Leslie Greenwood, JD, is the Assistant Director of Admissions for the University of Miami School of Law. Greenwood has previously served as Assistant Dean of Students at St. John's University School of Law and as Associate Director of Admissions.  She also has prior experience as an entertainment/IP law litigation associate at Loeb & Loeb LLP in New York. She holds a Juris Doctorate from Benjamin N. Cardozo School of Law and a Bachelor of Science from Cornell University, from which she graduated with distinction. Leslie is a member of the New York Bar.


  • Challenge 5A: Submit a Question at the Humanities Professional Panel

    While attending the above event, earn extra points by submitting a thoughtful question to the panel.

    Materials to save for submission: None required if you submit your question through the Zoom Q&A function.

  • Challenge 6: Attend the Nova Crossroads Conference

    Presented by the Center for the Humanities at Nova Southwestern University, The Crossroads Humanities Student Conference, provides a friendly venue to showcase student scholarship in the humanities and related disciplines.  This virtual conference will take place on Saturday, April 10, 2021.

    The Crossroads Humanities Student Conference strives to incorporate diverse perspectives and topics from a range of humanities fields including history, philosophy, literature, languages, cultural theory, and the arts. We also invite papers in legal studies, anthropology, sociology, political science, national security, family therapy, communication, conflict resolution studies, and international relations when approached with a humanities lens. 

    Details and guidelines, schedule, information on speakers, and how to register, can be found on their website.  Students who attend (they need not present) can earn 3 points. 

    Materials to save for submission: Screenshot of one of the sessions with your name in the participant window

  • Challenge 6A: Submit a Reaction to the Nova Crossroads Conference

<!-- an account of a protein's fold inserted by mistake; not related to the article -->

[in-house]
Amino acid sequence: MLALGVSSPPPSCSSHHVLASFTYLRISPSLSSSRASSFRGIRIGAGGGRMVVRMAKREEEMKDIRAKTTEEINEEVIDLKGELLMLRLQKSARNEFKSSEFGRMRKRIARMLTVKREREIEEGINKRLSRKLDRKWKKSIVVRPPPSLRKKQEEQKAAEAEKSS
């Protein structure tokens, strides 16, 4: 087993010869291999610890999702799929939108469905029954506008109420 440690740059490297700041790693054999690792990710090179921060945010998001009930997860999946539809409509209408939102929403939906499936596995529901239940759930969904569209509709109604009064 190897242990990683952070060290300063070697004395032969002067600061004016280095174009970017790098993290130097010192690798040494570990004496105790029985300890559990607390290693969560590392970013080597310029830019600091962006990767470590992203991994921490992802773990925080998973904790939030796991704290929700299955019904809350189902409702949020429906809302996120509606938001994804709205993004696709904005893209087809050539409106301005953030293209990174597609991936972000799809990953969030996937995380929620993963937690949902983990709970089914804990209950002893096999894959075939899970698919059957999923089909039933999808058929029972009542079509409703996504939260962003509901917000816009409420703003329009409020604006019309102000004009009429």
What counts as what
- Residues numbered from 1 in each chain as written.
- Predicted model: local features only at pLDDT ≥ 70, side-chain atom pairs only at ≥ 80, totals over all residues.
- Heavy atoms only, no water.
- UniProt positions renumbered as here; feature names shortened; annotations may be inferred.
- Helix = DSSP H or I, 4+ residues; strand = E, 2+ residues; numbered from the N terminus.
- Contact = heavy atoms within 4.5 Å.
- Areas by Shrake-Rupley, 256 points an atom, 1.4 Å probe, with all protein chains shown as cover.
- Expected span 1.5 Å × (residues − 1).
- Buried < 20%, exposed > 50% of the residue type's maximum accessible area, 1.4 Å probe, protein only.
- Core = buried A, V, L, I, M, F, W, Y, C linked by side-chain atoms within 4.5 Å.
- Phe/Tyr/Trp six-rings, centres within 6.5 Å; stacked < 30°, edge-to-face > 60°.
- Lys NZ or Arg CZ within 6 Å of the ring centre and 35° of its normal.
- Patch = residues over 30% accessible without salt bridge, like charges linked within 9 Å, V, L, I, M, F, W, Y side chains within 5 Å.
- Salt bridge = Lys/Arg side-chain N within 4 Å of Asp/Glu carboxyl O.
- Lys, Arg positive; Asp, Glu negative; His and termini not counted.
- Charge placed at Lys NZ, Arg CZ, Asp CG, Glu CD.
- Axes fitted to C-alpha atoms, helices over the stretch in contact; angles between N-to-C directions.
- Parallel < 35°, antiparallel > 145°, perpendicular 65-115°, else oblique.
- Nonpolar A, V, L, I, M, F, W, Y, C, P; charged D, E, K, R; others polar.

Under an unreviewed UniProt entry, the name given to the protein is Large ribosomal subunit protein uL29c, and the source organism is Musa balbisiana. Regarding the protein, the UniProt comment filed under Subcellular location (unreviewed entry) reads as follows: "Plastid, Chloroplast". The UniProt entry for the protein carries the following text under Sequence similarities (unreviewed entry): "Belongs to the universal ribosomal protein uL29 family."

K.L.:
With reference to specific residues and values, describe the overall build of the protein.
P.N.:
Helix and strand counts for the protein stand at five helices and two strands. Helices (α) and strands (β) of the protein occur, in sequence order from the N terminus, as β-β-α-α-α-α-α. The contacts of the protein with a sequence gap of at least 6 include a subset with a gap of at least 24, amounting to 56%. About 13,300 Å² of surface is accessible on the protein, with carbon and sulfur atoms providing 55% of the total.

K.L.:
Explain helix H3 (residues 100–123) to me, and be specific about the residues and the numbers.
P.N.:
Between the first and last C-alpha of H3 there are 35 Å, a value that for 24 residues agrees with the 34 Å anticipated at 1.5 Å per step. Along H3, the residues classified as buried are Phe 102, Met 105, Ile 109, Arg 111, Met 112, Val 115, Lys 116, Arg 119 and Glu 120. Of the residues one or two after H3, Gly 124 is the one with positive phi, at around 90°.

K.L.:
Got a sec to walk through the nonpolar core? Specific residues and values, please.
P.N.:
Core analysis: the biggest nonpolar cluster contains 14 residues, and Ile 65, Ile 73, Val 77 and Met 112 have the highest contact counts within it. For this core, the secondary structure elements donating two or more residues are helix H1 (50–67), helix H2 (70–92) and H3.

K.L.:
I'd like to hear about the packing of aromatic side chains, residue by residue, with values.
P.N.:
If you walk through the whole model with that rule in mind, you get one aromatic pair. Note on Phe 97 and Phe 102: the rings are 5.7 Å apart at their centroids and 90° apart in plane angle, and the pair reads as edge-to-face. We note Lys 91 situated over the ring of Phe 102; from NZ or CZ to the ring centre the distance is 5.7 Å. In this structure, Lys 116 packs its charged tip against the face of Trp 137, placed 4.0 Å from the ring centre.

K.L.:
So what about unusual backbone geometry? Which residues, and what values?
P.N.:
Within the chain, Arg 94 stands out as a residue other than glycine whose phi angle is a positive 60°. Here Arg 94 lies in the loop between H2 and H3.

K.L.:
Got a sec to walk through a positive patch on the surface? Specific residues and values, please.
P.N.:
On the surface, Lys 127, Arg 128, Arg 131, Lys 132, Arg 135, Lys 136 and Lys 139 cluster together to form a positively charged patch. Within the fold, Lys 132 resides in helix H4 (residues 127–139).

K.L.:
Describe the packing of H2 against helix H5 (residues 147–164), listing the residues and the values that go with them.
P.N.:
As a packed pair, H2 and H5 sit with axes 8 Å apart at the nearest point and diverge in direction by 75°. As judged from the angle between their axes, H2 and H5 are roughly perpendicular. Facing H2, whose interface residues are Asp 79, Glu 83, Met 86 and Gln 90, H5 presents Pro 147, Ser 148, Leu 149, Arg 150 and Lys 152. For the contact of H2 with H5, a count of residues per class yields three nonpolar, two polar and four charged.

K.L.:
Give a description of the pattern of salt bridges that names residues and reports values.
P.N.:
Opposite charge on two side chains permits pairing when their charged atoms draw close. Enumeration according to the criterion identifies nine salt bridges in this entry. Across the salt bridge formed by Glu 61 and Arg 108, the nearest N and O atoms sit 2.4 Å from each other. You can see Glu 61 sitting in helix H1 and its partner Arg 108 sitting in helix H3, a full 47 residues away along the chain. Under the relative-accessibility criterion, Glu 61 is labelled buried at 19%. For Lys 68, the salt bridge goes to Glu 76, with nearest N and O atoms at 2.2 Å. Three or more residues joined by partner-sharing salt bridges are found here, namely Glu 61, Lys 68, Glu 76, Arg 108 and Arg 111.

After attedning the Crossroads conference (see Challenge 6 above), you may earn additional points by writing up a brief reaction to the conference, or a specific session.  To get started, consider addressing the following topics:

    • Was there anything that surprised you about the conference?
    • What resonated with you the most?
    • How do you think participating in a conference contributes to professional development?
    • (other reactions?)
    Materials to save for submission: Brief reaction (250-400 words)

Submitting Your Materials

You must submit your materials by Friday, April 30th, in order to be eligible for the prize drawing. 

Complete this form to indicate which challenges you've completed and to upload the related materials.  Note that you must first log into your google account using your UM credentials, or you will get an error  message about not being in the necessary organization. 

If you have trouble with the above form or would prefer to submit your materials by email, you may submit a message to Dr. Homer at  In your message, include a bulleted list of each challenge that you completed and be sure to attach all required materials.  You must also include the following statement in order to be entered in the prize drawing: 

"By submitting this email, I understand that I will be entered in a drawing on Friday, April 30th for the grand prize.  Should I be selected as a winner, I give the Center for the Humanities my permission to include a social media post about my win and agree to pick up my prize from the Center for the Humanities, located in Richter Library."